For hard copies please email: IFA.

Proceedings of the Dahlia Greidinger symposium on "Advanced technologies for monitoring nutrient and water availability to plants"

Proceedings of the Dahlia Greidinger symposium on "Advanced technologies for monitoring nutrient and water availability to plants", 166p., 2007. Edited by Neumann, P.M., Technion, Haifa, Israel. This volume presents eight chapters describing invited lectures given at the symposium and gives an idea of the diverse and interesting subject matter which was discussed. The first four chapters review new detection-technologies for laboratory and field monitoring of nutrient levels and other parameters, in plant and soil matrices. Chapter five introduces a novel approach to the integrative assessment of physical, biological, and chemical properties of soils, in order to facilitate better soil management. Chapters six, seven and eight review the application of spectral techniques for the remote assessment of vital crop and soil parameters in the field. Finally, chapter nine describes the development of a wireless valve network which will be capable of optimizing the controlled application of water, fertilizers, and agricultural chemicals through large-scale irrigation systems. The abstracts of other talks and contributed posters are also included.

For copies please contact Prof. emeritus Joseph Hagin.

Agriculture for Development. World Development Report (WDR) 2008

Agriculture for Development. World Development Report (WDR) 2008. 2007. Published by the World Bank, Washington, USA. 365p. ISBN 978-0-8213-6808-4.

The latest World Development Report calls for greater investment in agriculture in developing countries and warns that the sector must be placed at the center of the development agenda if the goals of halving extreme poverty and hunger by 2015 are to be realized. Titled "Agriculture for Development", the report says the agricultural and rural sectors have suffered from neglect and under investment over the past 20 years. While 75 percent of the world's poor live in rural areas, a mere 4 percent of official development assistance goes to agriculture in developing countries. In Sub-Saharan Africa, a region heavily reliant on agriculture for overall growth, public spending for farming is also only 4 percent of total government spending and the sector is still taxed at relatively high levels. The World Bank Group is advocating a new 'agriculture for development' agenda. According to the WDR, for the poorest people, GDP growth originating in agriculture is about four times more effective in reducing poverty than GDP growth originating outside the sector.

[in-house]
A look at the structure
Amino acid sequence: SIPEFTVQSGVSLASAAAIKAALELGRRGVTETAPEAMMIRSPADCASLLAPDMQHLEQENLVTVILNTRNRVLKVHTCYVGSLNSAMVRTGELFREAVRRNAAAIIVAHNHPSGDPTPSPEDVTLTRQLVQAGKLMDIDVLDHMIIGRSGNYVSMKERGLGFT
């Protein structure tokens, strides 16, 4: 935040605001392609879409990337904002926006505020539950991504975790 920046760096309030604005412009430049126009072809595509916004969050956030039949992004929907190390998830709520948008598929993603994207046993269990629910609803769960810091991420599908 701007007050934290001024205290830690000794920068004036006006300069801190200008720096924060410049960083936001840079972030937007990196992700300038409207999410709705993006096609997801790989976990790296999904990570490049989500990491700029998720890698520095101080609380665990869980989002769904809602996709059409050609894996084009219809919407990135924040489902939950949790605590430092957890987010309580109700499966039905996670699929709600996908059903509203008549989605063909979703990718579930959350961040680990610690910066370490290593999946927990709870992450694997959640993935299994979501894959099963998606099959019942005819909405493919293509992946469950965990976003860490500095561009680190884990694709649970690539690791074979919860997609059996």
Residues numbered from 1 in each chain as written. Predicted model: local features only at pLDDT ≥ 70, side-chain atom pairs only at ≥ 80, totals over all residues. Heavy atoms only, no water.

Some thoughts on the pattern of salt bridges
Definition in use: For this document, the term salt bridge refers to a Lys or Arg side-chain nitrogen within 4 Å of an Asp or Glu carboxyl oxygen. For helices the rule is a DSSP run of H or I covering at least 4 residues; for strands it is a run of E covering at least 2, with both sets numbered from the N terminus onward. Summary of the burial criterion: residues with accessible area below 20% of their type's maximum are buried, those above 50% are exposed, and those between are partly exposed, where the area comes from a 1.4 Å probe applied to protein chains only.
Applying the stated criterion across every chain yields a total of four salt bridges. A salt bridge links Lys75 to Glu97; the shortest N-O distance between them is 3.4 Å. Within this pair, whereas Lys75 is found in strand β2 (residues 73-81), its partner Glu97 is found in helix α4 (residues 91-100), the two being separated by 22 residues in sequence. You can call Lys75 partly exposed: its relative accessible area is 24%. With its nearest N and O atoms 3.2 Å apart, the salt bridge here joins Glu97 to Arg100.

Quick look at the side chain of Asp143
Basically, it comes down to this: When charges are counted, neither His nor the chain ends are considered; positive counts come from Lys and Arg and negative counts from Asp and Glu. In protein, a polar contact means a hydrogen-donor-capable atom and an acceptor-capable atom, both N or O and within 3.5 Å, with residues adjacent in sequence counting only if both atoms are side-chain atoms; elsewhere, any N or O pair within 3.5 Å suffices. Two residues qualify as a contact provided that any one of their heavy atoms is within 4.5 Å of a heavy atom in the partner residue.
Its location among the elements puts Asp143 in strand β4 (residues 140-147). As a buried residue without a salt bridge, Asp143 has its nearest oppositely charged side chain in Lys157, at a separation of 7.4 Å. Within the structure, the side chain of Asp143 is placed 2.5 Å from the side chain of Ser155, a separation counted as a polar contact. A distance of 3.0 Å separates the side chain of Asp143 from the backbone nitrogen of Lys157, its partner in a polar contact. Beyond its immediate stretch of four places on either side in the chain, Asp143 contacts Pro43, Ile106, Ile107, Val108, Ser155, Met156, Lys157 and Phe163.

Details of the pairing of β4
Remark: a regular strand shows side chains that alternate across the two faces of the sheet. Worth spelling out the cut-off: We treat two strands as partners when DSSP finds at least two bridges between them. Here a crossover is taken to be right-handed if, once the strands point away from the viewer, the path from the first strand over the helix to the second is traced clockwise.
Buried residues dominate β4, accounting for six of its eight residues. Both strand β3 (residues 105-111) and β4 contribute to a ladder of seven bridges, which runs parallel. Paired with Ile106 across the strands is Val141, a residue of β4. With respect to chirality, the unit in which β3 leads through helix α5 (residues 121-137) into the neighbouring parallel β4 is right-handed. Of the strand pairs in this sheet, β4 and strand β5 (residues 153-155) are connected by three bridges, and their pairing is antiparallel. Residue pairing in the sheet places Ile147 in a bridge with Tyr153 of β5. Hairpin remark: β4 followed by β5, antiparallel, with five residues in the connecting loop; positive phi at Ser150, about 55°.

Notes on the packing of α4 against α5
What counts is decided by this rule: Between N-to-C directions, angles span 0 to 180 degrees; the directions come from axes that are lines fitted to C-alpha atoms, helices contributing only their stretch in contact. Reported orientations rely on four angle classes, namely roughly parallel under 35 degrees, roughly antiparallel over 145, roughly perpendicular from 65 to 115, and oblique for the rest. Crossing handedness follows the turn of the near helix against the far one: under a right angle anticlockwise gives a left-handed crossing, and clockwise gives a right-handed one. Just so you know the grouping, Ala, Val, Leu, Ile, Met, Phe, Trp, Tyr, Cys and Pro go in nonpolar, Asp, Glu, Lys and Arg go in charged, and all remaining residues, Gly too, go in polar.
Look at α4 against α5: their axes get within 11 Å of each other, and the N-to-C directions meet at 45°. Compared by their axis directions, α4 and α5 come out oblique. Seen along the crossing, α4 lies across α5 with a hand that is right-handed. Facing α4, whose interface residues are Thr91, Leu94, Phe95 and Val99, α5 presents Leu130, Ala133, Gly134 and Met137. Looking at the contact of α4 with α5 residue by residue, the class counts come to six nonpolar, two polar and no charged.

For more details see the World Bank website

Publications by the PDA

Potash Development AssociationNew publications from the Potash Development Association, UK.

See also www.pda.org.uk.

Note: Hard copies of PDA's publications are available only in the UK and Ireland.

Biosolids and the need for Potash. No. 20, update

Biosolids and the need for Potash. No. 20, update.
Biosolids (sewage sludge) provide valuable plant-available nutrients and have useful soil conditioning properties. They are subject to regulations which require that the application rates of specific heavy metals and their concentrations in soils are not exceeded, that disease risks to stock and humans are minimised and that applications should match the requirements of crops. Rates of applications are therefore important and so is the balance of nutrients. Water companies go beyond the regulations by agreement with stakeholders. Potential contaminants have been greatly reduced over the years by cooperation with industry, with their removal at source, and by legislation that has prevented the manufacture and sale of hazardous substances. Biosolids provide useful quantities of nitrogen and phosphate, but only modest amounts of potash and magnesium because these elements are quite soluble and are washed out in the treated water. Lime stabilised biosolids are a useful liming material.

See PDA website.

Nutrient contents of manures

Nutrient contents of manures.
This leaflet presents a detailed table on N, P and K content in various sources of manures and slurries and a table with recommendations of various manures in different soil types and conditions. Available from the PDA website.

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The Role of Potassium (K) in the Plant (in Urdu)
Potassium and Nitrogen Use Efficiency (NUE) in Urdu
Potassium in Soil and Plant Systems (in Urdu)
IPI profile infographic
Chloride - an essential nutrient
Potassium and Nitrogen Use Efficiency (NUE)
Managing Water and Fertilizer for Sustainable Agricultural Intensification - infographic
Potassium Improves your Crop Quality
Potassium Improves your Health
Potassium in Soil and Plant Systems
The Role of Potassium (K) in the Plant
What does a Plant Need to Live
Assessment of the Impact of Targeted Use of Fertilizer on Irrigated Rice in Asia
The Role of Potassium (K) in the Plant (in Urdu)